I get asked a lot about how to deal with pre race nerves and anxiousness. I feel that while nervousness and anxiousness sound the same, they are essentially a little bit different. Being nervous is a physical sensation caused by thinking about an event. The nervousness can actually be excitement and anticipation, and a sense of agitation that occurs as you get ready for a race – where you know you are going to be asking more from yourself. Performance anxiety feels more rooted in how you are thinking about the future event, and a sense that things may not go well, or as well as you hope. A sense of unease and apprehension best describes that feeling. Nervousness feels like agitation, higher heart rate, a sense that you can’t stay calm, jittery. I have always been nervous before big events – the bigger the event, the bigger the nerves, and I have learned to manage the nerves by breathing exercises, being positive about the nerves (this means I am excited and that I care about what I am about to do!), and by finding space to be by myself in order to calm down and maintain a good balance between being overly stimulated and being asleep.
Performance anxiety, on the other hand is more deeply rooted in fear based thinking of ‘what can go wrong’. In these cases, people are using their wonderful brains, to actively imagine the worst things that can happen, instead of the best. There are many reasons that people do this, but one of these is simply habit and this is where the visualization exercises during training, comes into play. Give yourself permission to visualize the best possible outcome. You are not taking anything away from anyone by performing to your best, you are simply adding to the awesome energy of the event. It may take several tries to consciously start imagining all the positive things that can happen, and it may feel forced at first, but it works.
Fear is Normal
After being in sport for 40 years, watching athletes every day, racing with them, training with them, travelling with them and coaching them, I can tell you that fear cannot be made to simply disappear. Fear is part of being human, even if the fear is no longer valid for basic survival. Overcoming fear is not about denial and avoidance, it is about awareness and developing skills that work for you. Pretending that fear doesn’t exist means it sits there simmering and when push comes to shove, it will come out roaring with the power of being not only ignored, but neglected. If fear is preventing you from enjoying what you know you can enjoy, then it’s totally worthwhile doing something about it. Facing your fears of racing is a good start.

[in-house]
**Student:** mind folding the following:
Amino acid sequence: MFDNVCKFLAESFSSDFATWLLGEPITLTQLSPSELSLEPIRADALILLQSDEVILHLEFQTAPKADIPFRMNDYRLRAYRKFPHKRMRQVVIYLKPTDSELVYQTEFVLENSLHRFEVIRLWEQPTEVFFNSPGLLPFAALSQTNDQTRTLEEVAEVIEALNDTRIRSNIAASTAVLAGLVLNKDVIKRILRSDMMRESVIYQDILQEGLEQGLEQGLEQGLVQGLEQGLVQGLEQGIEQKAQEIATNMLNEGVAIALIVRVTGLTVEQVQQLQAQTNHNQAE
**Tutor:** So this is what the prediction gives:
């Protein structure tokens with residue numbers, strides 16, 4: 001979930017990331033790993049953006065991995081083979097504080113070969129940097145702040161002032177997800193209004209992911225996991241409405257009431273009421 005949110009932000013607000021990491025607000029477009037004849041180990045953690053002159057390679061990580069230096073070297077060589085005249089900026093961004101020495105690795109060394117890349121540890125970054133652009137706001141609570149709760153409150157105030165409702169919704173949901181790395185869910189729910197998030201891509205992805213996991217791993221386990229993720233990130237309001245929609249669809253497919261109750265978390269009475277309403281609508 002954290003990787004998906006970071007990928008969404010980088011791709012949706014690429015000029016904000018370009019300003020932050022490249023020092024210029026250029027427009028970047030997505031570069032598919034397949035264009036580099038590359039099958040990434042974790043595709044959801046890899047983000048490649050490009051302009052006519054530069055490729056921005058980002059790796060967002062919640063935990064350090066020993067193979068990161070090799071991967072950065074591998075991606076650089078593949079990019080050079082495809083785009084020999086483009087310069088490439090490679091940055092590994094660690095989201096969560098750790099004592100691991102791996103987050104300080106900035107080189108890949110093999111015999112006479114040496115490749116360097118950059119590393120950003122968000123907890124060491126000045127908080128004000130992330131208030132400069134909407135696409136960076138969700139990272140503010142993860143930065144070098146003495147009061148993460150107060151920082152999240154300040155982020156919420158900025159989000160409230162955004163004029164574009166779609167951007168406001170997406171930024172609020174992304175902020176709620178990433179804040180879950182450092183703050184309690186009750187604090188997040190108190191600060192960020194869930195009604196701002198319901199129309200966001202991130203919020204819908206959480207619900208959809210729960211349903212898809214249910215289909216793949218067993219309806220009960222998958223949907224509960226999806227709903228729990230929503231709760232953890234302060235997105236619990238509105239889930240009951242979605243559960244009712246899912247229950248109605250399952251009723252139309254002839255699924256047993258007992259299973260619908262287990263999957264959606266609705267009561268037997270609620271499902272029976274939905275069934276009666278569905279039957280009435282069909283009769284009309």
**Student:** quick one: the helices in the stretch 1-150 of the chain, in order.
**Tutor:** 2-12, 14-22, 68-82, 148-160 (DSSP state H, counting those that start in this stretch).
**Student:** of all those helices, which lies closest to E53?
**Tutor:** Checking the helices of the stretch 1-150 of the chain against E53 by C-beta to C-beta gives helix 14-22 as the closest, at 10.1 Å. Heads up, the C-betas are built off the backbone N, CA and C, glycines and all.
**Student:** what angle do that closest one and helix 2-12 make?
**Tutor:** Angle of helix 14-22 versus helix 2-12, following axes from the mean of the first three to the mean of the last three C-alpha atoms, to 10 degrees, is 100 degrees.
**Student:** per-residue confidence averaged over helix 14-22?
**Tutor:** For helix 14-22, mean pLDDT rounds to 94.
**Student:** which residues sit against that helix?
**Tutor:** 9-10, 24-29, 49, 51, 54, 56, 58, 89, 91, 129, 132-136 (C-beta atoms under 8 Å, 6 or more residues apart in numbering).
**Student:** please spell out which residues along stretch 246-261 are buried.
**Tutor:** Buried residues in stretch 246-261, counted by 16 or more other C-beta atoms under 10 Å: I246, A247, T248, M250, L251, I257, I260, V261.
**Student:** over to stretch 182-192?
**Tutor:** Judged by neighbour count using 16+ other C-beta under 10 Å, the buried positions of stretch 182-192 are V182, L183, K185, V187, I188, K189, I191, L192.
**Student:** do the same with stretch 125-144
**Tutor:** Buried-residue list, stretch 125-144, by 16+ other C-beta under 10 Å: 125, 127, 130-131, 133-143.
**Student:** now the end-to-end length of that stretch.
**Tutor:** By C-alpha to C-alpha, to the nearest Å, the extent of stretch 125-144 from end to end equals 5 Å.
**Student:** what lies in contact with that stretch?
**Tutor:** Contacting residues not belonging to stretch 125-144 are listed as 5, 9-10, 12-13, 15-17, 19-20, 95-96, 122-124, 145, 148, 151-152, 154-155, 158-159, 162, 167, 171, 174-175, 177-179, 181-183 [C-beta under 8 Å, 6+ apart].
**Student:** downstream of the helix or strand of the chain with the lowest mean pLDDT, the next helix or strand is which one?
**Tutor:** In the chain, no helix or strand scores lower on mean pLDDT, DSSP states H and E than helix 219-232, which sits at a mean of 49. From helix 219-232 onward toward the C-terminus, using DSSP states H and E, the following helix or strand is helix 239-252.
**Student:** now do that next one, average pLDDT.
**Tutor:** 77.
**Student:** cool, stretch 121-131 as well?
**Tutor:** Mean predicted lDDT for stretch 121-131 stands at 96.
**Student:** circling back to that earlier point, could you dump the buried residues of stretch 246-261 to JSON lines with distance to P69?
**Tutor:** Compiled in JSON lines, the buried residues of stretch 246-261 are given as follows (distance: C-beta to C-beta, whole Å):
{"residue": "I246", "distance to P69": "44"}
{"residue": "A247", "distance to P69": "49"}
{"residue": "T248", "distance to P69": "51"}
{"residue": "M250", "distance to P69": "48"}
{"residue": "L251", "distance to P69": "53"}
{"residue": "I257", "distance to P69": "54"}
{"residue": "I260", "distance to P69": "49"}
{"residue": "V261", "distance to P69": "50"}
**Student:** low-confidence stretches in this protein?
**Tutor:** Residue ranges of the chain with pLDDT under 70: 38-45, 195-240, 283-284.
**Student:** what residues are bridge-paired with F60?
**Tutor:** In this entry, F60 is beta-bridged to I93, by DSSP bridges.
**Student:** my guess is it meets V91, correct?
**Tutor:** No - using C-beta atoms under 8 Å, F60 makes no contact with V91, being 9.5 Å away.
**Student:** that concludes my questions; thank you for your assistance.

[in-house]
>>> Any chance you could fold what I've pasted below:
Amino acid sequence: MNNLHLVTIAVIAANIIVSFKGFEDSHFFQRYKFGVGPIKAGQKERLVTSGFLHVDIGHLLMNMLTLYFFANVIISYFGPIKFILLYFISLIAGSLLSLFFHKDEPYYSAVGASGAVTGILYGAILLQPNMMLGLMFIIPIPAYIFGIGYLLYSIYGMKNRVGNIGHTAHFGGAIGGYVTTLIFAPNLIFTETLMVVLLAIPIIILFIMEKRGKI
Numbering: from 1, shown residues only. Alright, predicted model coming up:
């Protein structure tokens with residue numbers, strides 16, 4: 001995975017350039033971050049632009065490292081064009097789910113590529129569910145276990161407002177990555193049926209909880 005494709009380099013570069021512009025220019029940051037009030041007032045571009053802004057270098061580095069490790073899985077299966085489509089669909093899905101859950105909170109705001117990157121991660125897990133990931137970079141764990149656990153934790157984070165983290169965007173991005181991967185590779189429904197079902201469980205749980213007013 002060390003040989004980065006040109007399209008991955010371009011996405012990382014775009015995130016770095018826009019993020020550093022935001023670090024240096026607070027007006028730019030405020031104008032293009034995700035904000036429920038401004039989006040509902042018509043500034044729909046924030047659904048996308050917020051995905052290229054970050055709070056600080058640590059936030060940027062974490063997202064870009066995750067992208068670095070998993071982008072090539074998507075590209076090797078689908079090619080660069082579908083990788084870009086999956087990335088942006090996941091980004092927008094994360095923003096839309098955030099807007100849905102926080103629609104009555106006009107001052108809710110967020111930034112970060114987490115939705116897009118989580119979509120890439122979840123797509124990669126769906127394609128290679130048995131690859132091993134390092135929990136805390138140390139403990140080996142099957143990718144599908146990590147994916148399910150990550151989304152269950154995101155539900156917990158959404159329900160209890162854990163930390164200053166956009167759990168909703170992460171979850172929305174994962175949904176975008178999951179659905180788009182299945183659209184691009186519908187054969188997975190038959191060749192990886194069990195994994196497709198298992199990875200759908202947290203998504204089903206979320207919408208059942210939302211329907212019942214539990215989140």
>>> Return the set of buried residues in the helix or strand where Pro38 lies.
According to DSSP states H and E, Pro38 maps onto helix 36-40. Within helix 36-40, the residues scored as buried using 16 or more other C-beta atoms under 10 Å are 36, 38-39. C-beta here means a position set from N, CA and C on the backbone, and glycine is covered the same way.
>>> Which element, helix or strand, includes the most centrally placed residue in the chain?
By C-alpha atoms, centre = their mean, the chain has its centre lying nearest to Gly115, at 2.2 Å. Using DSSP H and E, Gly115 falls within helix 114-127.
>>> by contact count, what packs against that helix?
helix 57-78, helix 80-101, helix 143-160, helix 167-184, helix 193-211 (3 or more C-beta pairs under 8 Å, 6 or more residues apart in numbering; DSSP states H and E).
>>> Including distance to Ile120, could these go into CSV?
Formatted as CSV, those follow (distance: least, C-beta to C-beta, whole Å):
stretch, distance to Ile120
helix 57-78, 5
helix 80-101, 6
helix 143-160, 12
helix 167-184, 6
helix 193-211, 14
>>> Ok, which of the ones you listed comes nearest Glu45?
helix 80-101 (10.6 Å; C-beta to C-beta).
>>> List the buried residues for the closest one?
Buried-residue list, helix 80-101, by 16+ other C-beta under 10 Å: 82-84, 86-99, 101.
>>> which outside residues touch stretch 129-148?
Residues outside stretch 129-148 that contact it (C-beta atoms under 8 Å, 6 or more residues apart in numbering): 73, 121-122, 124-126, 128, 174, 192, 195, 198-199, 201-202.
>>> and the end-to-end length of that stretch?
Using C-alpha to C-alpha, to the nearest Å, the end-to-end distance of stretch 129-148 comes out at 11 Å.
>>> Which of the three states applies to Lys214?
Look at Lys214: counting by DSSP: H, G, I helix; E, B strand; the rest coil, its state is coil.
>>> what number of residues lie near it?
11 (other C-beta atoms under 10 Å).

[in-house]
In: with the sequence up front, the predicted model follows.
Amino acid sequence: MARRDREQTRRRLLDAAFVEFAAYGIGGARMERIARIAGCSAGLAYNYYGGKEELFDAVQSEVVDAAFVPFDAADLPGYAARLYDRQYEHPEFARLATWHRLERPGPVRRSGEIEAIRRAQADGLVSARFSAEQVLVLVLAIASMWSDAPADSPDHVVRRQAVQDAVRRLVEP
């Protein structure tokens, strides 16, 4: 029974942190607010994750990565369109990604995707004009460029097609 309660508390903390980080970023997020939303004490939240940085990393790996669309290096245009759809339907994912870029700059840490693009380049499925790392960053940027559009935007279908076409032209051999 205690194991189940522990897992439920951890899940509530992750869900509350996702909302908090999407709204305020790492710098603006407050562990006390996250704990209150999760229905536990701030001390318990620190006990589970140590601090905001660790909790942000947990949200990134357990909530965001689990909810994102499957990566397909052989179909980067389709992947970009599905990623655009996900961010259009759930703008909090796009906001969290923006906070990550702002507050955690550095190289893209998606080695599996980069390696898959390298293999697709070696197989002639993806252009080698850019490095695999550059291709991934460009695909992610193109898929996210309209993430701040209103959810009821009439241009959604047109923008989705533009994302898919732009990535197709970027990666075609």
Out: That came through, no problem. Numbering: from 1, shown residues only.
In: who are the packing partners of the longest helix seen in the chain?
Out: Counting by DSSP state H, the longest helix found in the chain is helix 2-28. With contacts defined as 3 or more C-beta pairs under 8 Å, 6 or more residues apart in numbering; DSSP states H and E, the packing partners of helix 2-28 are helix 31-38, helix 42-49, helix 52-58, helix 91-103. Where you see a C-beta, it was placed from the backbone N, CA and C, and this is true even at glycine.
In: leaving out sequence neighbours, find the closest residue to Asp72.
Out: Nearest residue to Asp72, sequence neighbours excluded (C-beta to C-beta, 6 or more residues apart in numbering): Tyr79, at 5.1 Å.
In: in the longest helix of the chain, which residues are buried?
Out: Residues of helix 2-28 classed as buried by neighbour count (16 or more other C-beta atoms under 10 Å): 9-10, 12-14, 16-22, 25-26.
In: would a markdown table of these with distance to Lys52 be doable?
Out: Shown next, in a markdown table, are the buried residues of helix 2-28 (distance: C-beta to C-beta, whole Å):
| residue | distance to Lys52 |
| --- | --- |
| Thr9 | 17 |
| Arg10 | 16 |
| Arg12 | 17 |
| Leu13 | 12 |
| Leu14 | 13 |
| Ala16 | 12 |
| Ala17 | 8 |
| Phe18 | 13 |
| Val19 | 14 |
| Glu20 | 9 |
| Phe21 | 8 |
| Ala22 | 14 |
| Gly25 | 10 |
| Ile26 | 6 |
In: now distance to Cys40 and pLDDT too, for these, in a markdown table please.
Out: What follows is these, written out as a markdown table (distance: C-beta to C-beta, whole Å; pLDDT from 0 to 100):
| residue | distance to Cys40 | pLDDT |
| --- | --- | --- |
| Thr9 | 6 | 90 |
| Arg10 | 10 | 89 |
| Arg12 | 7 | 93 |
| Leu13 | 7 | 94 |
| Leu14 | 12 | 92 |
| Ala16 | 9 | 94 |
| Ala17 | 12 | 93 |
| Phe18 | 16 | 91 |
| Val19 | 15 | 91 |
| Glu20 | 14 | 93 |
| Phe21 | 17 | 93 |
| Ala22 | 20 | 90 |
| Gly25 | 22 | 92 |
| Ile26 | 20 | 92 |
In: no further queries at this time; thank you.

As an athlete I went on to have my own relationship with fear and courage during my high performance career. I had to conquer very real fears, like how to handle a bike while hurtling downhill at 80 km/hr, or through rain drenched corners, or through the manic streets of Paris. My fear of swimming open water was almost paralyzing at times and brought up the most intense feeling of panic, and helplessness. I faced these fears out of a combination of desperation and determination and intense habit changing, because they were getting in the way of my goals. My determination to race as a pro meant that I had to figure out how to get past these fears and I put in countless hours of positive thinking, affirmations and practice building my skills. I followed the best cyclists downhills, I listened to every coach as they talked me through corners and bike handling skills, I trained in open water and talked myself through every single swim, and I did it over and over and over until my belief in my ability outweighed my fears.
I did my first Pro Ironman 18 months after my first child was born. I competed as a result of facing fears that I felt were holding me back. The first fear was that, after childbirth and experiencing the overwhelming responsibility I felt as a new mother, I would never feel that competitive spirit again. My drive and passion to race had faded. So instead of stopping, I chose the somewhat outrageous goal of signing up as a Pro for Ironman New Zealand. My second fear was the fear of swimming in open water and New Zealand was a deep water offshore start and I had to swim 4 kilometers. On race morning, as I treaded water with 100’s of other athletes in the early dawn light and listened to kookaburras calling, I felt a huge surge of pride and confidence for actually being there. My confidence in my skills banished, for a while, the fear of crashing, drowning or getting attacked by a shark in a lake. The fear was always lurking. Every open water triathlon was a challenge for me. I had to coach myself, and talk myself into success every single time. It got easier the more I swam, but if I let up on my habit, fear would come creeping back, as if it noticed the lapse in my courage. It was a beast, that fear, relentless in its pursuit to derail my dreams. But I tamed it.